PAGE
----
Group farming for eggs in the county to avoid running afoul of Windsor bylaws

More than a dozen Windsorites have banded together to raise chickens and harvest their eggs in Essex County in a bid to avoid Windsor's bylaws.

'Clucktive' raises chickens in Essex County because city bylaws don't allow backyard poultry

More than a dozen Windsorites have banded together in a collective to raise chickens for a constant supply of fresh eggs in Essex County. 2:06

More than a dozen Windsorites have banded together in a collective to raise chickens for a constant supply of fresh eggs in Essex County in an effort to avoid ruffling feathers in the city's bylaw office.

Fourteen members currently make up the group they've cleverly called the "Clucktive" — a cooperative group raising dozens of chickens in the country to dodge bylaws restricting backyard birds within Windsor city limits.

Philippa von Ziegenweidt is a member of the Clucktive and makes the 25 minute drive to the chicken coop from her home in the city each week, taking large bags of spent grain and other food scraps for the hens to eat.

In exchange, she collects whatever eggs they have laid that day.

A different member visits the chicken coop each day to check on the chickens and feed them, along with taking care of daily maintenance and cleanup.

One of the many hens living at the "Clucktive" (Rob Heydari/CBC)

"We have different tasks that we share," explained von Ziegenweidt. "The chickens are well treated and they get plenty of food."

Waste not, want not

Part of the group's ethos is to avoid waste as much as possible. While they do purchase food regularly for the chickens, a large portion of the feed is donated from local businesses who would otherwise throw out their food byproducts. 

On a weekly basis, a downtown Windsor brewery supplies the chicken collective with spent grain — a byproduct of the brewing process — to feed the hens. 

"If they didn't pick up the spent grain, it would go in the garbage," said Craft Heads head brewer Chad Balkwill.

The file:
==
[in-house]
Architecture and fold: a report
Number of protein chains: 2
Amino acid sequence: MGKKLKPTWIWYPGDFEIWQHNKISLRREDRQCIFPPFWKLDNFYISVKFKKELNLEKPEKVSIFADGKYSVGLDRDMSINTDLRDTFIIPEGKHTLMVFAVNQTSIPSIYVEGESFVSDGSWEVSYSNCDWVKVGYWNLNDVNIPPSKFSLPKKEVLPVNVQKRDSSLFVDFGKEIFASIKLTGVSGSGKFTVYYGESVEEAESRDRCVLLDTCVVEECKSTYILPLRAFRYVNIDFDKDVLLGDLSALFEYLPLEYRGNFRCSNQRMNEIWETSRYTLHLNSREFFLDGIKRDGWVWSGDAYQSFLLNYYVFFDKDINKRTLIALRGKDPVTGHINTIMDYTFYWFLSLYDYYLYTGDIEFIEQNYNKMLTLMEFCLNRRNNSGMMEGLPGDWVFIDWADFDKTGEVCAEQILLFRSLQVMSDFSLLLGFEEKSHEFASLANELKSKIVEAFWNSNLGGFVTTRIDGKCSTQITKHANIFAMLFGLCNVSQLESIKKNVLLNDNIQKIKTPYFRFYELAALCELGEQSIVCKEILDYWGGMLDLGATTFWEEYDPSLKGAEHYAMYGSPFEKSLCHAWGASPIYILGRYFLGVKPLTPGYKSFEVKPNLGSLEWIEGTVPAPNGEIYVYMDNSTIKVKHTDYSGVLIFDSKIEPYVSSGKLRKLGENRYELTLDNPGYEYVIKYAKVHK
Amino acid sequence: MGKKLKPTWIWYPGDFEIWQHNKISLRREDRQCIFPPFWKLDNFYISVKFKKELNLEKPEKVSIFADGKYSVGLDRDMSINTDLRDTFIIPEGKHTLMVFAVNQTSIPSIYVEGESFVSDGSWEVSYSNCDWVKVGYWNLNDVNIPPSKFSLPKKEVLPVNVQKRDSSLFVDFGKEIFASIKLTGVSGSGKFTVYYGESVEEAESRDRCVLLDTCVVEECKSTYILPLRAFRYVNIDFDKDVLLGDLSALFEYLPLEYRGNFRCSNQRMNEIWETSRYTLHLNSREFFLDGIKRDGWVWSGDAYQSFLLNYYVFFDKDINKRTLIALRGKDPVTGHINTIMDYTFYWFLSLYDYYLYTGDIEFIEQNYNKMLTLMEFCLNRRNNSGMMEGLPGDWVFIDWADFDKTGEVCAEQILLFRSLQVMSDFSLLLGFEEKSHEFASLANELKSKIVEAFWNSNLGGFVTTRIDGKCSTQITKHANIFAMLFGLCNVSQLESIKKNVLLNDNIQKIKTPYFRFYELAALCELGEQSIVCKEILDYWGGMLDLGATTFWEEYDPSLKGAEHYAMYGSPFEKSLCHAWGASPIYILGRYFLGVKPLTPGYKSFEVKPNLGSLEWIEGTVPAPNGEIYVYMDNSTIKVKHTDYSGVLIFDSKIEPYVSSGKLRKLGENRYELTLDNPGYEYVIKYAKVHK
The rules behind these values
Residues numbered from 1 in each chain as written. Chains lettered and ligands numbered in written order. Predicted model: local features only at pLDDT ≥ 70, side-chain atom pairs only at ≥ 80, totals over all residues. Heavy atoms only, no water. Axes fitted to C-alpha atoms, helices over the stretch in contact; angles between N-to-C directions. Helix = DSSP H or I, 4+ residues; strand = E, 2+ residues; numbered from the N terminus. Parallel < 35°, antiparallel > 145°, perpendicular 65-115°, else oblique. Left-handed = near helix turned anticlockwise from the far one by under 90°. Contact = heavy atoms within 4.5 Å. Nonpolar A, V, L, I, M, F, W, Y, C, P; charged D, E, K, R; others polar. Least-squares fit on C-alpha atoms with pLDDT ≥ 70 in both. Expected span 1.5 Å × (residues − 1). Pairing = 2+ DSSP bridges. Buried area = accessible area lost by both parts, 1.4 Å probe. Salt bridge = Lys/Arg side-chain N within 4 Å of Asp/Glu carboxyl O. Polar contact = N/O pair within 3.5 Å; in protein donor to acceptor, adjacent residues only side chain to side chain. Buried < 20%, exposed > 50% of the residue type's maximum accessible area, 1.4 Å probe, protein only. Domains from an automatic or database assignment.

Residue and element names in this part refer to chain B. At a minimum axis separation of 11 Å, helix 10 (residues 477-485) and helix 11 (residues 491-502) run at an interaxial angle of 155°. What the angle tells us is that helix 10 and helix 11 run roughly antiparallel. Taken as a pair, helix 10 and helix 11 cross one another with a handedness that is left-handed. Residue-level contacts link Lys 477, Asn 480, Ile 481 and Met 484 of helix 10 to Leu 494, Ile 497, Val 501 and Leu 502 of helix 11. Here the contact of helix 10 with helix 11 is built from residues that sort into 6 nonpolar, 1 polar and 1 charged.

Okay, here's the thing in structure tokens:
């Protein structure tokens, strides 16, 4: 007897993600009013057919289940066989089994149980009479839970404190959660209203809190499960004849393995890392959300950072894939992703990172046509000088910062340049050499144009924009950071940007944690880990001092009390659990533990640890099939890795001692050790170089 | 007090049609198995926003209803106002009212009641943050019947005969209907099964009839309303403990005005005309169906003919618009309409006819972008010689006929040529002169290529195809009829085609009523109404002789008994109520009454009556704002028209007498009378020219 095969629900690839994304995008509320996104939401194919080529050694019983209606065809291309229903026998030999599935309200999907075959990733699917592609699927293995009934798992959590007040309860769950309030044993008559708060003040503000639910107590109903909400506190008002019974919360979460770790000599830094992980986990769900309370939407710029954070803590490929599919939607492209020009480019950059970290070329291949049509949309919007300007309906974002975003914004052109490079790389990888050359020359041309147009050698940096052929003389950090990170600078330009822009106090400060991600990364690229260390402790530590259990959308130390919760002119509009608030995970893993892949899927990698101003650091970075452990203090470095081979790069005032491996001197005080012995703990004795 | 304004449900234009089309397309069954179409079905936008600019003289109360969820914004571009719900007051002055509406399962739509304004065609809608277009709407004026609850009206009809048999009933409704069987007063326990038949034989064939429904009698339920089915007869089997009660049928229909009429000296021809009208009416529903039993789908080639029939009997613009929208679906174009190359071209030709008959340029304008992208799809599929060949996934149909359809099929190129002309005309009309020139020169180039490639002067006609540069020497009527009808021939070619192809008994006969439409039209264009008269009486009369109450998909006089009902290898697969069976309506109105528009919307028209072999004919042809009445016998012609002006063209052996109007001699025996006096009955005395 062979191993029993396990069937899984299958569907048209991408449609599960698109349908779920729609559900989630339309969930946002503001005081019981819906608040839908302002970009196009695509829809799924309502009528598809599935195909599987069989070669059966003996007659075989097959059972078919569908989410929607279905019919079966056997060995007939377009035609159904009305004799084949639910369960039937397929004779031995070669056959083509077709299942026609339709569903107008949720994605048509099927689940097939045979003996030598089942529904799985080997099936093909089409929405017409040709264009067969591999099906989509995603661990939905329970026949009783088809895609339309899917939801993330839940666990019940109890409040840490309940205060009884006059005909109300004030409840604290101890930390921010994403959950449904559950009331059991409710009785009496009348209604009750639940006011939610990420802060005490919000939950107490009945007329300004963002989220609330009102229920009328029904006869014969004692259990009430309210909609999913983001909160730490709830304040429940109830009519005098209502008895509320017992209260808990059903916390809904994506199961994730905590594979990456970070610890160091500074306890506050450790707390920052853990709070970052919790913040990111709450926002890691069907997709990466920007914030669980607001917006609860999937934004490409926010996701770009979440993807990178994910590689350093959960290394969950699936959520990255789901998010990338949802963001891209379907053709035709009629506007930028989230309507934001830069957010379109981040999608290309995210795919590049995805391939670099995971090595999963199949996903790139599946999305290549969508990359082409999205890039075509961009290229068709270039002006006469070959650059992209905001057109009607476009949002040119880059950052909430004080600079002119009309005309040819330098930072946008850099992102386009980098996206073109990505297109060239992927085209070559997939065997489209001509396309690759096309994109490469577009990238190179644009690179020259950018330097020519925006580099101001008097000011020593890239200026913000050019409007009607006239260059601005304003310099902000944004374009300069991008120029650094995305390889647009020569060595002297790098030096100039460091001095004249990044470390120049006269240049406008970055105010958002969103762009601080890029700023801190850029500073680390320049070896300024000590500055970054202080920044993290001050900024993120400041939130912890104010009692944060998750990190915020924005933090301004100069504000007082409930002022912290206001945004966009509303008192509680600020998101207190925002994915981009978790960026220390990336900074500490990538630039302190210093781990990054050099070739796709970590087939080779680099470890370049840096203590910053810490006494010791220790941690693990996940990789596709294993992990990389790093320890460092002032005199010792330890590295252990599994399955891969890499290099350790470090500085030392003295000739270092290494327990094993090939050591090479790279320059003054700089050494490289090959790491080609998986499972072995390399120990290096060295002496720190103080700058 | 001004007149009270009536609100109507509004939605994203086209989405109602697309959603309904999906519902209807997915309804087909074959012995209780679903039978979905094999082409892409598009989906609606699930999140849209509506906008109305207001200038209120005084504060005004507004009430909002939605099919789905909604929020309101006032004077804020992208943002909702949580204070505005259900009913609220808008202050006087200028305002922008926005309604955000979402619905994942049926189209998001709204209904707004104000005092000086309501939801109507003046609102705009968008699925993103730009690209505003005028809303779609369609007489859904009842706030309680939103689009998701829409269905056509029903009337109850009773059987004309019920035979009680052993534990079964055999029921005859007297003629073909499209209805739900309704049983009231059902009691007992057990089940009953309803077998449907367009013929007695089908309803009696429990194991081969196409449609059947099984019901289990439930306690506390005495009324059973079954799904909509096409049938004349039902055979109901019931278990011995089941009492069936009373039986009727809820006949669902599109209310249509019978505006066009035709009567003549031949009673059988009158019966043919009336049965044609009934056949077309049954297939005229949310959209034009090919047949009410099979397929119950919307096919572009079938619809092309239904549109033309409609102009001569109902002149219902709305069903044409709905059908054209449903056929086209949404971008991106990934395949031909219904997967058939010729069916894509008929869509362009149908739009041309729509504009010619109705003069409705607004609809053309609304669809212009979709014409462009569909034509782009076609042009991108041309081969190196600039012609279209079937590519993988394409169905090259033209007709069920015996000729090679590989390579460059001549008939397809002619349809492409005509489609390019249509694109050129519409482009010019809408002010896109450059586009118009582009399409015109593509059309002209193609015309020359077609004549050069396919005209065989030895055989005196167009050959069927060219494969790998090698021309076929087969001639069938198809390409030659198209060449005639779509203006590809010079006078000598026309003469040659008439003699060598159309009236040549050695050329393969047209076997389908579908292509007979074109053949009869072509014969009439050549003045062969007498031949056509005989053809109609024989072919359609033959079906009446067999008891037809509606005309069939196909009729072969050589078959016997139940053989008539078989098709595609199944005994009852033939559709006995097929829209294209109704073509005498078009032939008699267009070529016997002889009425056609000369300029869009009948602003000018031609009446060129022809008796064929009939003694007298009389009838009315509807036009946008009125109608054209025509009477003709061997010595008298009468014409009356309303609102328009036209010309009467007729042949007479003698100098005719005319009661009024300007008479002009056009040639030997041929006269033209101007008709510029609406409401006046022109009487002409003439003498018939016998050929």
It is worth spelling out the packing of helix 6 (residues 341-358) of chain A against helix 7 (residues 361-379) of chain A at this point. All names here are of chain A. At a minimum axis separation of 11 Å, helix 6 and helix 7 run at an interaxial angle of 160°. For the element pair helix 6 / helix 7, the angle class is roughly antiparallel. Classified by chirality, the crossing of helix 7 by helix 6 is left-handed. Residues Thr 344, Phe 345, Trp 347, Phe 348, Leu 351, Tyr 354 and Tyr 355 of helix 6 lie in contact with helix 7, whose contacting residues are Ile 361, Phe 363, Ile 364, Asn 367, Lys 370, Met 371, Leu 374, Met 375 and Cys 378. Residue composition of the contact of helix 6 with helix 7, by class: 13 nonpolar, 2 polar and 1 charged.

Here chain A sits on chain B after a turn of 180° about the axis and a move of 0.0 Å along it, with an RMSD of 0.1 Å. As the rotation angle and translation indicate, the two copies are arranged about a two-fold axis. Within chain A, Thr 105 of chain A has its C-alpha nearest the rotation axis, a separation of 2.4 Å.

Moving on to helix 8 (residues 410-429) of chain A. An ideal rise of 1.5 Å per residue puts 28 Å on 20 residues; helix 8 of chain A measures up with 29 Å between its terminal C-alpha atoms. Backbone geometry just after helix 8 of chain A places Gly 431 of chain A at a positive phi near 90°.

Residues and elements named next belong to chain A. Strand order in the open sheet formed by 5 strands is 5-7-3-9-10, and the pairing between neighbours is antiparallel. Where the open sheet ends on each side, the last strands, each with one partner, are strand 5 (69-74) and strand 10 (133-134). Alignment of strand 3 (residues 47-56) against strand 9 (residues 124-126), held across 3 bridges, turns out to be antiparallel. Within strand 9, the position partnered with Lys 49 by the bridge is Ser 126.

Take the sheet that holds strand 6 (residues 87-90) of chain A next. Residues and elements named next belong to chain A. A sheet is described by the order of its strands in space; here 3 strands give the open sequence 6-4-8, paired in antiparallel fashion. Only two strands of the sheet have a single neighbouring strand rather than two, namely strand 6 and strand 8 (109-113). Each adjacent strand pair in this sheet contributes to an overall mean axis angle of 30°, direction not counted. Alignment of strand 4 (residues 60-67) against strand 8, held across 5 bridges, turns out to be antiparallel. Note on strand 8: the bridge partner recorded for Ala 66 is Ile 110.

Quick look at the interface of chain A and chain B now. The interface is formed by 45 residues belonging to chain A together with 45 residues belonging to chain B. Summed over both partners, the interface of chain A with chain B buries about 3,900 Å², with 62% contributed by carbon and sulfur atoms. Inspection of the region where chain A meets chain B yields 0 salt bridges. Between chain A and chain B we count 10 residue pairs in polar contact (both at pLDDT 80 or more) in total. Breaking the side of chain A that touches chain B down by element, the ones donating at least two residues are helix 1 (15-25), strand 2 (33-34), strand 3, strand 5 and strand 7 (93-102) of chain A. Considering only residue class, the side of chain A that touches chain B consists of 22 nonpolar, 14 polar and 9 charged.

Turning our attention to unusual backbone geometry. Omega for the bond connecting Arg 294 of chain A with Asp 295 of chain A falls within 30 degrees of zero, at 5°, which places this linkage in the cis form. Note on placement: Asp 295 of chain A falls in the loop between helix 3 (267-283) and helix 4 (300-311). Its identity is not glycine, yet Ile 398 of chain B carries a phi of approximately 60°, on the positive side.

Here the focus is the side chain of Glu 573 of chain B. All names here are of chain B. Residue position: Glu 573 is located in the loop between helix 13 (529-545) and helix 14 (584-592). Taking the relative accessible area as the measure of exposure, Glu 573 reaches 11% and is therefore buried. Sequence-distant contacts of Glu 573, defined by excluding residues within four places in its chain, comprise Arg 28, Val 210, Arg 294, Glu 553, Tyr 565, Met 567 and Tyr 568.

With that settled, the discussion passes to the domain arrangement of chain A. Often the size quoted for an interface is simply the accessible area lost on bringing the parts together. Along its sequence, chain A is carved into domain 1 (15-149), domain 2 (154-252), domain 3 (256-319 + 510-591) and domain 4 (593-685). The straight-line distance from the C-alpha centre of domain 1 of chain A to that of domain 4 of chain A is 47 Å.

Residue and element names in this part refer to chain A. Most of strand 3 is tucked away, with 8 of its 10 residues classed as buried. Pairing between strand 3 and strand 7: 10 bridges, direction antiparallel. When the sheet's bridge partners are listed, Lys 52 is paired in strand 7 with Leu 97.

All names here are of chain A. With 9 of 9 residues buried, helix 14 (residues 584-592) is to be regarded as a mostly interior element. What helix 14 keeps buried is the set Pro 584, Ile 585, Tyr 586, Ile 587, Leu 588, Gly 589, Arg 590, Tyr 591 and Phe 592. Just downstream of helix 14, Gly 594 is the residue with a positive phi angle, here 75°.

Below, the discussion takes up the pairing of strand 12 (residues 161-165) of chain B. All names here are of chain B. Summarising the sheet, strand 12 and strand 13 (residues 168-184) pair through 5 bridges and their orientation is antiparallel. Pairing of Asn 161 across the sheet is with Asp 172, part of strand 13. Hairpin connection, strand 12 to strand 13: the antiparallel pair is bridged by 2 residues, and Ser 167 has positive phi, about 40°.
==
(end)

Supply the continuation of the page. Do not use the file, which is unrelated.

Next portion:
Chad Balkwill from Windsor's Craft Heads Brewing Company supplies the 'Clucktive' with spent grain to feed their hens on a weekly basis. (Rob Heydari/CBC)

"They'll convert those food scraps into eggs," added von Ziegenweidt, who pointed out the Clucktive takes the concept of zero waste so seriously it uses all of the chicken manure produced by the hens as fertilizer for community gardens.

Philippa von Ziegenweidt shows a daily harvest of eggs from the Clucktive coop. (Rob Heydari/CBC)

The group can often predict just how many eggs the hens will yield by combining modern technology with farming.

The "Clucktive" uses spreadsheets to plot egg production. (Supplied/Philippa von Ziegenweidt)

"I'm a spreadsheet person, so I have statistics of all the eggs that we've collected in the last seven years," said von Ziegenweidt who uses a Google Doc to share numbers with the rest of the egg collective. 

"We can predict from week to week approximately how many we're going to find," she explained.

Hens gather at the "Clucktive" in Essex County (Rob Heydari/CBC)

Bylaws within the city of Windsor restrict homeowners from having "any domestic fowl" on their property, but other southwestern Ontario cities have recently made changes to allow birds within city limits.

Kitchener changed its bylaw to allow backyard chickens in late 2016, a move which prompted a chicken rental service in that community.

Philippa von Ziegenweidt is one of more than a dozen Windsor-Essex residents who have pooled their efforts to raise chickens. (Rob Heydari/CBC)

About the Author

Rob Heydari

Rob Heydari has worked in jobs ranging from cleaning up oil spills to fixing phone lines, but all those roads eventually led to being a CBC News reporter and jack-of-all-trades.